Getting to know more about a new child’s culture can help you, as a foster parent, understand the child much better. While you learn about and work in ways to honor the child’s experiences, preferences, and routines, you can also teach him or her about your home, your own family’s culture, the values that are important to you, and the customs you honor. You might ask questions such as:

  • “How does your family celebrate holidays/birthdays?”
  • “How are household chores done at your home?”
  • “What is your favorite dinner?”
  • “What is your bedtime routine like?”

Like in all things that are new or unfamiliar, a new living situation takes time for all to adjust. As foster parents, we know you try very hard to be welcoming and comforting, with a goal of helping children and youth new to your homes make successful transitions. By being flexible and adjusting the culture of your home to accommodate some aspects of the child’s culture, you can give the children or youth in your care time to figure out his or her new surroundings, as well as reduce any possible cultural conflicts.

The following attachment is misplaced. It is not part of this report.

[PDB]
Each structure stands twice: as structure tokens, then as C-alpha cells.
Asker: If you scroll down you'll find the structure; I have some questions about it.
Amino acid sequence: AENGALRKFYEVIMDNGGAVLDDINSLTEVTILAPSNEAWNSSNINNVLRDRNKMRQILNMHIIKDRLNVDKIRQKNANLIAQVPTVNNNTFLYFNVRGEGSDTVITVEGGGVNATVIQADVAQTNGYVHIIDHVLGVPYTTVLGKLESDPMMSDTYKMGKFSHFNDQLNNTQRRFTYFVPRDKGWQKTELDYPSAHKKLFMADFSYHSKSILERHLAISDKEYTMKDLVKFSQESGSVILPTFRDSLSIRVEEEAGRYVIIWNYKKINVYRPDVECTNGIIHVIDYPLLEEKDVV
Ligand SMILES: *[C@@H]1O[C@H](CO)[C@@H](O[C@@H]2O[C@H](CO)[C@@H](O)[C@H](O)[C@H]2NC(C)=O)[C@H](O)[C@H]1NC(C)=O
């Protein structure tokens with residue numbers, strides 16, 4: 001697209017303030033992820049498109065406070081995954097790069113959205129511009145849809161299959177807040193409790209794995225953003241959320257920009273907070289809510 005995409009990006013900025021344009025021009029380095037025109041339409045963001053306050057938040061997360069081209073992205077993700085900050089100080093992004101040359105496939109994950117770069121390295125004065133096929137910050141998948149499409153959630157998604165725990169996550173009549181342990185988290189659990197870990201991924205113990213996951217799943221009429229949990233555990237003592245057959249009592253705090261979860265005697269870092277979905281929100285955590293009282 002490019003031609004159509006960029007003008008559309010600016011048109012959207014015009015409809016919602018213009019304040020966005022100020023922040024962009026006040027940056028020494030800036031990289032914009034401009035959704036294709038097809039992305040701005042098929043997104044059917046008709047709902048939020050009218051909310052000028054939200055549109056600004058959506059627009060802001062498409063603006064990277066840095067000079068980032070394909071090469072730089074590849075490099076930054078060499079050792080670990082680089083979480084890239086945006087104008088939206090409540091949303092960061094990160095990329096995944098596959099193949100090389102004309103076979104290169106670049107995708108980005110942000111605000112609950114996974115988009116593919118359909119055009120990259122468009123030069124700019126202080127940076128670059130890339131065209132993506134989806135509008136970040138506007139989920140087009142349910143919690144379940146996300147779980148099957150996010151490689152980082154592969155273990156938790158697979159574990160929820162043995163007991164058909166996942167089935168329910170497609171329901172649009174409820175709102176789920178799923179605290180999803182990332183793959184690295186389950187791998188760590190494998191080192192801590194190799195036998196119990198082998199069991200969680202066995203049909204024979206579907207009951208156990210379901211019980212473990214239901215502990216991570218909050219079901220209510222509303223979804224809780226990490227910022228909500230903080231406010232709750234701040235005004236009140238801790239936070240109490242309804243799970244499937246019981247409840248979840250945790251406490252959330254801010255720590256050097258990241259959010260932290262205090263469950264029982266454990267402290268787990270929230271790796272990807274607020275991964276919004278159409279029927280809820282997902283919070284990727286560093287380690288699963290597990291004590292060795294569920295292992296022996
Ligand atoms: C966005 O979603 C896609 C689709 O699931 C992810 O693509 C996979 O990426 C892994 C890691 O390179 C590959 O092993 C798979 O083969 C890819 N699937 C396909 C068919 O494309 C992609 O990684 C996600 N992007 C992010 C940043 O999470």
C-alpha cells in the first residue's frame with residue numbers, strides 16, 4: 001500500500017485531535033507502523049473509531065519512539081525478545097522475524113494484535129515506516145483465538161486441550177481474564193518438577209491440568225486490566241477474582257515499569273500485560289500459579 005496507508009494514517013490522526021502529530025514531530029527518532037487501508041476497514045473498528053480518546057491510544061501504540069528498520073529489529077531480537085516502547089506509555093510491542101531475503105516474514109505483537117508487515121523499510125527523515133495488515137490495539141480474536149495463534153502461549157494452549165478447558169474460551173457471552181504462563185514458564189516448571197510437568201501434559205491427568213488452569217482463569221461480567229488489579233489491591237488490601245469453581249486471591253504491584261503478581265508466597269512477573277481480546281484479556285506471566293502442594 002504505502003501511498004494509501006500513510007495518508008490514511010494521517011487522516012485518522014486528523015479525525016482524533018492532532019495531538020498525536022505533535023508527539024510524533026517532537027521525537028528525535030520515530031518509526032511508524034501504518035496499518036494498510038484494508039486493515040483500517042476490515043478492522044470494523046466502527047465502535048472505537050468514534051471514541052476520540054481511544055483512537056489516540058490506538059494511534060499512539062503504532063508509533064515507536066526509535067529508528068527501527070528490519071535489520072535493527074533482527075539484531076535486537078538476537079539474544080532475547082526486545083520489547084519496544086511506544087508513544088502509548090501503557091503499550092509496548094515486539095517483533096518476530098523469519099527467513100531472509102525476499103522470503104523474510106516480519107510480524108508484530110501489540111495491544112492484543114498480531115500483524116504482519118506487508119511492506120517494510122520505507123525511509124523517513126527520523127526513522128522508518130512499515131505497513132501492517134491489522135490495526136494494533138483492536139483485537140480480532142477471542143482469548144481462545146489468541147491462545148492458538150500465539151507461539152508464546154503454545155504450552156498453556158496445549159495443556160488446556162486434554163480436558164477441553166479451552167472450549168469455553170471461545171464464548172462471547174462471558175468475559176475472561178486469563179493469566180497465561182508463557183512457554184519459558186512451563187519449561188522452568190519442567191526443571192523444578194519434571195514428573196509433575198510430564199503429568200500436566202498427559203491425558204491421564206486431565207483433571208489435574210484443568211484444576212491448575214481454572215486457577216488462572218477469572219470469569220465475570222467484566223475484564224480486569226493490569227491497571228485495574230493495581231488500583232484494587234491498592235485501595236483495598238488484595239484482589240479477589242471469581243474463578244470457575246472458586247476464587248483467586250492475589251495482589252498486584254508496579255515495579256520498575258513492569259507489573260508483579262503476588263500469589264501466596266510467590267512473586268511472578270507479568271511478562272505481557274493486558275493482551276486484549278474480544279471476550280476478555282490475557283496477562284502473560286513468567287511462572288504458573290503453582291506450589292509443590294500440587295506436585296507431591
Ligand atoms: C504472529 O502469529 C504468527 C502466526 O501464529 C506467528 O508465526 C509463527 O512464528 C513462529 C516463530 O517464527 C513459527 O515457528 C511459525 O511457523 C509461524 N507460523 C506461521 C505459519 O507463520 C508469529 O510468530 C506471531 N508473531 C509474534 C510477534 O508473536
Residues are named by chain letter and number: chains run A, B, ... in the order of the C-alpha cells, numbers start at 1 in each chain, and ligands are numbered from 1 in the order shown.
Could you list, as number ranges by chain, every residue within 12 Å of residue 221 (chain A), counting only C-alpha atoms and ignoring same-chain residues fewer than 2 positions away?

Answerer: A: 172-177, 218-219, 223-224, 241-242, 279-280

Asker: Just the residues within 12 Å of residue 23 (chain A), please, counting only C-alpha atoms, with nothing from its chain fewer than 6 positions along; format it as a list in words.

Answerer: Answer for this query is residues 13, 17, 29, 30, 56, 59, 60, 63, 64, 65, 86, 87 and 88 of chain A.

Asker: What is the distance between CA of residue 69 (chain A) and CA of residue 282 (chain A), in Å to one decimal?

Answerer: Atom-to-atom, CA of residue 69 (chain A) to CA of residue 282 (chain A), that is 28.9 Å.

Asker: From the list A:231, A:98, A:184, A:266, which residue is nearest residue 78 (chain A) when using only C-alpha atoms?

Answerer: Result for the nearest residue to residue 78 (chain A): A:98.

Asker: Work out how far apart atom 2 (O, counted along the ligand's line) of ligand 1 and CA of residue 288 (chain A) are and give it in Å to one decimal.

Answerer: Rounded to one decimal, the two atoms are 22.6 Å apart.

World Wide Wednesday – February 10, 2016

iStock_000003621765_LargeIt’s World Wide Wednesday! Here’s what’s news in the world of foster care and adoption around the web:

Have news you’d like to share? Please post in our comments!

Inclusion in this post does not imply an endorsement by the Coalition for Children, Youth & Families. The Coalition is not responsible for the content of these resources.

When It’s Not Going So Well

All parents have dreams for their children and are capable of influencing the person that their child becomes. It can be devastating when the dreams that you have for your children cannot be fully realized and the circumstances are beyond your control.

Parenting is not an easy job, but adopting a child often adds another level of challenges. Sometimes children who have been adopted have experienced trauma because of abuse and neglect, multiple placements, or have spent time in an institutionalized care setting.